- Consult a tax pro: If sections of the W-9 form confuse you (we get it; the information gets pretty dense) consider consulting with a tax or legal professional with knowledge of tax law and regulations to ensure you fill the form out correctly. A financial expert can also help you set up (categorize) your business appropriately depending on your business size, the services you offer, and more.
- Proofread your entries: Always, always, always read through the W-9 a few times to check your spelling and confirm the accuracy of your data. You and your client must report the right information to the IRS to avoid penalties. More on this later.
- Submit (or return) it carefully: Return your completed W-9 form to the business that asked you to fill it out. Best case scenario, your client shares and collects these forms via an encrypted file-sharing service. But if email is the only way to return the document, encrypt both the PDF document and your email message (you can do this via several free services online) and double-check the recipient’s email address before sending your message.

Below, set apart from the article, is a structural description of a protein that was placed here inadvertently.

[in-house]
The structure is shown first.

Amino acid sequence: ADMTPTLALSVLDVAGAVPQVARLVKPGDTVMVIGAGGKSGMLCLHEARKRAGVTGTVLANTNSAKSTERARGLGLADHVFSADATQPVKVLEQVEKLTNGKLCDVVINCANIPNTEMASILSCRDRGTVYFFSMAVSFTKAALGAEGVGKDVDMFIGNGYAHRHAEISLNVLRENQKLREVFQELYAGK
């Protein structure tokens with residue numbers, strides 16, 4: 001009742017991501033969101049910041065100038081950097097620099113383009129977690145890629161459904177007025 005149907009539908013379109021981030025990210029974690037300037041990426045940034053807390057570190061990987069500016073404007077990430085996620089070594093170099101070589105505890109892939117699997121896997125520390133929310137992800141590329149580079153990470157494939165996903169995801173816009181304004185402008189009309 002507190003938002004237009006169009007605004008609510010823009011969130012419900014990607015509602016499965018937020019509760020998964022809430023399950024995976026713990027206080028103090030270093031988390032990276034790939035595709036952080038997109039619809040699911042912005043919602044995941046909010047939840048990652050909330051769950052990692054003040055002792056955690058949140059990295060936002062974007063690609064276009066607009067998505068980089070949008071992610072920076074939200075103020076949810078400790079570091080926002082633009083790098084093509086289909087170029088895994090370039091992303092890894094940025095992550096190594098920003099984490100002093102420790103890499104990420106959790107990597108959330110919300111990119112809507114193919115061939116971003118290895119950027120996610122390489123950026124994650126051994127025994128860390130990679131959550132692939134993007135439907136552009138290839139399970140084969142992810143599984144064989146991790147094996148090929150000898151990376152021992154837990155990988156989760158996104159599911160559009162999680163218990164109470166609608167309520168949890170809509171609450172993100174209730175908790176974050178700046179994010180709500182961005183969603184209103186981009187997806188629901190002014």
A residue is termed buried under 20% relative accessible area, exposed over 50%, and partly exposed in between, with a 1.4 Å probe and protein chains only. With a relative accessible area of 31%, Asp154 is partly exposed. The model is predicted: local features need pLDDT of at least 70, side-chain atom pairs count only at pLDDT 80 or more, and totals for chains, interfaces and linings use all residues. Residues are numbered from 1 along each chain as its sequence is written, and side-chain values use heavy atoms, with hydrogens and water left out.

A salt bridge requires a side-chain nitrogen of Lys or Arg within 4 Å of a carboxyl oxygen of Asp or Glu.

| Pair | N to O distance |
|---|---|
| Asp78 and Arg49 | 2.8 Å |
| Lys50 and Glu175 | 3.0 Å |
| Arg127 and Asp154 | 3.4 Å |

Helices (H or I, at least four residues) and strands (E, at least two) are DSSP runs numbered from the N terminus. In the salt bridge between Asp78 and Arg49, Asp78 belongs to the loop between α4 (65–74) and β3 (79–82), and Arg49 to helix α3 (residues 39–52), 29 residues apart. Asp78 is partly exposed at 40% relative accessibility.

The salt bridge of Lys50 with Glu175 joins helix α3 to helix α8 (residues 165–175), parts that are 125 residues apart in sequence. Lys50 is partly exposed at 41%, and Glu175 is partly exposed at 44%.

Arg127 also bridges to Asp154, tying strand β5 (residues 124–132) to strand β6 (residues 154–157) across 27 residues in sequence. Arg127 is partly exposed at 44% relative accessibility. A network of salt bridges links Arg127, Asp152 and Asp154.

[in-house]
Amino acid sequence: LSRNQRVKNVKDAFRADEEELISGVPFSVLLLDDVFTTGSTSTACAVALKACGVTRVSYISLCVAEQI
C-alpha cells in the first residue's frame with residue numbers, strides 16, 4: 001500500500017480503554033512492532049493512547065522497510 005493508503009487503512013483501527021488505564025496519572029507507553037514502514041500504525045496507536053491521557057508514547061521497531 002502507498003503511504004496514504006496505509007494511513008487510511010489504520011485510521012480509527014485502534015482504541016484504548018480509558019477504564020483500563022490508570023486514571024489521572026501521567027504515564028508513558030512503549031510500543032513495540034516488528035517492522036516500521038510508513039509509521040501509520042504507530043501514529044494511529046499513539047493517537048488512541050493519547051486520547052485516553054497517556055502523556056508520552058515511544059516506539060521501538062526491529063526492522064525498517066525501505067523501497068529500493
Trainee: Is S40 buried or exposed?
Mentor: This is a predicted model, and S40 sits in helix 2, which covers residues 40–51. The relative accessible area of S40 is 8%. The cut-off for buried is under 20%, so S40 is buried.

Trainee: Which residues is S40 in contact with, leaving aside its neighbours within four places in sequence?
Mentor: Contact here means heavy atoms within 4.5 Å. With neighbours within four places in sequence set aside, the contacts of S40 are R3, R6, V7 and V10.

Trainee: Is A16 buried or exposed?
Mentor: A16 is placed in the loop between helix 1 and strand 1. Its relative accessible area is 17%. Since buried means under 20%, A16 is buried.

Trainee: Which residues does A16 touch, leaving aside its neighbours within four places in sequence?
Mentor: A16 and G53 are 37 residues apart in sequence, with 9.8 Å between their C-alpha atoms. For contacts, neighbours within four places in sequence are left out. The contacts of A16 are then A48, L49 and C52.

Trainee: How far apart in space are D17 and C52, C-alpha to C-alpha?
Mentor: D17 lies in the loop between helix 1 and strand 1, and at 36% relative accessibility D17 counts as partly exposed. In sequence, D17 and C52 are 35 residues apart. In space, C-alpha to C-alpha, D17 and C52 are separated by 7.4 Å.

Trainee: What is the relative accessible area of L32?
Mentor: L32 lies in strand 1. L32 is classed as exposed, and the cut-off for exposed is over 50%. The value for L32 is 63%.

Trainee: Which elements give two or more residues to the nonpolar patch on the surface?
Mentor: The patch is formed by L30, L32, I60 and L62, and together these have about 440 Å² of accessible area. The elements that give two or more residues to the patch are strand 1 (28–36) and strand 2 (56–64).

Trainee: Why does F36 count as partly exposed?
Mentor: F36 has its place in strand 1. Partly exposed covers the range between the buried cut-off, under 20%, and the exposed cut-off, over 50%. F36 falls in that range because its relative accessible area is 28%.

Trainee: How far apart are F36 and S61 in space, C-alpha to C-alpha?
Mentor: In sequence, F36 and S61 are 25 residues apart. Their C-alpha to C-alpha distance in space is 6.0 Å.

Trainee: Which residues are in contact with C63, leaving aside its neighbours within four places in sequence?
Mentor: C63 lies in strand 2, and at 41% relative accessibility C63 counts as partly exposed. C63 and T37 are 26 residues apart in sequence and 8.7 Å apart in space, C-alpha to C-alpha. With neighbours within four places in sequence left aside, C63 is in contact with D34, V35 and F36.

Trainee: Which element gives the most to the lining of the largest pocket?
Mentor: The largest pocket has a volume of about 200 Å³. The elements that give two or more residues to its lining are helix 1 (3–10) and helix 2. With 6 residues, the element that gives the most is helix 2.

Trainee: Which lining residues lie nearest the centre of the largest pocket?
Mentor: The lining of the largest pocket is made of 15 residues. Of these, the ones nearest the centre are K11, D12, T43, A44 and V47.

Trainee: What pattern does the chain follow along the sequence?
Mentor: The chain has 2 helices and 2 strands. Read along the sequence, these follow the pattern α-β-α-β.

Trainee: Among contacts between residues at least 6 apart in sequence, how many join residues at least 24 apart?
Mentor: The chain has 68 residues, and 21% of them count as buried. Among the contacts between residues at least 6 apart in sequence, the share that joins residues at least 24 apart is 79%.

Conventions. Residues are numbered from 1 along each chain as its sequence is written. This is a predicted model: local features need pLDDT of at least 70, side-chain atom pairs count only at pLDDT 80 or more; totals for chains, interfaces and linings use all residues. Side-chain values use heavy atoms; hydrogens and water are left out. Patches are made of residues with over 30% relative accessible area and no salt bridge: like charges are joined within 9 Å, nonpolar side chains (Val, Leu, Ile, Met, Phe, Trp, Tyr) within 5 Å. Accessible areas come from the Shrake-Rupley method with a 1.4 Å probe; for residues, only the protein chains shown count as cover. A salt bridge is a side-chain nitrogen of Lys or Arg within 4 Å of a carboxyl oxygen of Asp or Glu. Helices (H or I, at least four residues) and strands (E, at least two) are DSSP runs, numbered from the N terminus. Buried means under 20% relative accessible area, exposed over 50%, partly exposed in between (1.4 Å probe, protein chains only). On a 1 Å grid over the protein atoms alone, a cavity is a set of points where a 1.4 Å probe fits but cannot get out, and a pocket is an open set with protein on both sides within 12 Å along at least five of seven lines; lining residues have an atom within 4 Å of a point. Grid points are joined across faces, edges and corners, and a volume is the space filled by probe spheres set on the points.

How to Fill Out a W-9 for an LLC
Single-member LLCs operate in the same way sole proprietors do, so in these instances, you’ll fill out the W-9 as outlined above — just remember to check the “Individual/sole proprietor/single-member LLC” box, not the “limited liability company” box, for your tax classification on line 3.
If the LLC is a corporation or partnership, it must complete a W-9 form with the following adjustments:
- Enter the name of the LLC as recorded in your tax documents. If the LLC is owned by an individual and not another entity, then the individual’s name goes on the “name” line, and the LLC name goes on the “business name line.” If the LLC has a secondary business name, enter it on the second line, “Business Name” on line 2.
- Check the “Limited Liability Company” box
- Certify your entity as a partnership, S Corporation, or C corporation on the tax classification line 3
- Enter the business address, city, state, and zip code on lines 5 and 6
- Enter the LLCs employer ID number
- Sign and date the W-9 and submit it to the requester
How to Fill Out a W-9 for Non-profits
If you own a nonprofit and get paid by someone else, say, for consulting services, the client will request a W-9 from your organization. You must also send a W-9 if you pay someone else through your company more than $600, so you can successfully document the income paid on a form 1099-MISC later.
To ensure you fill out a W-9 correctly as a nonprofit, follow these steps:
- Type your nonprofit corporation name
- Enter your business name if it differs from your corporation name
- Check the “C Corporation” box, or opt for “other” and type “nonprofit corporation” in the provided line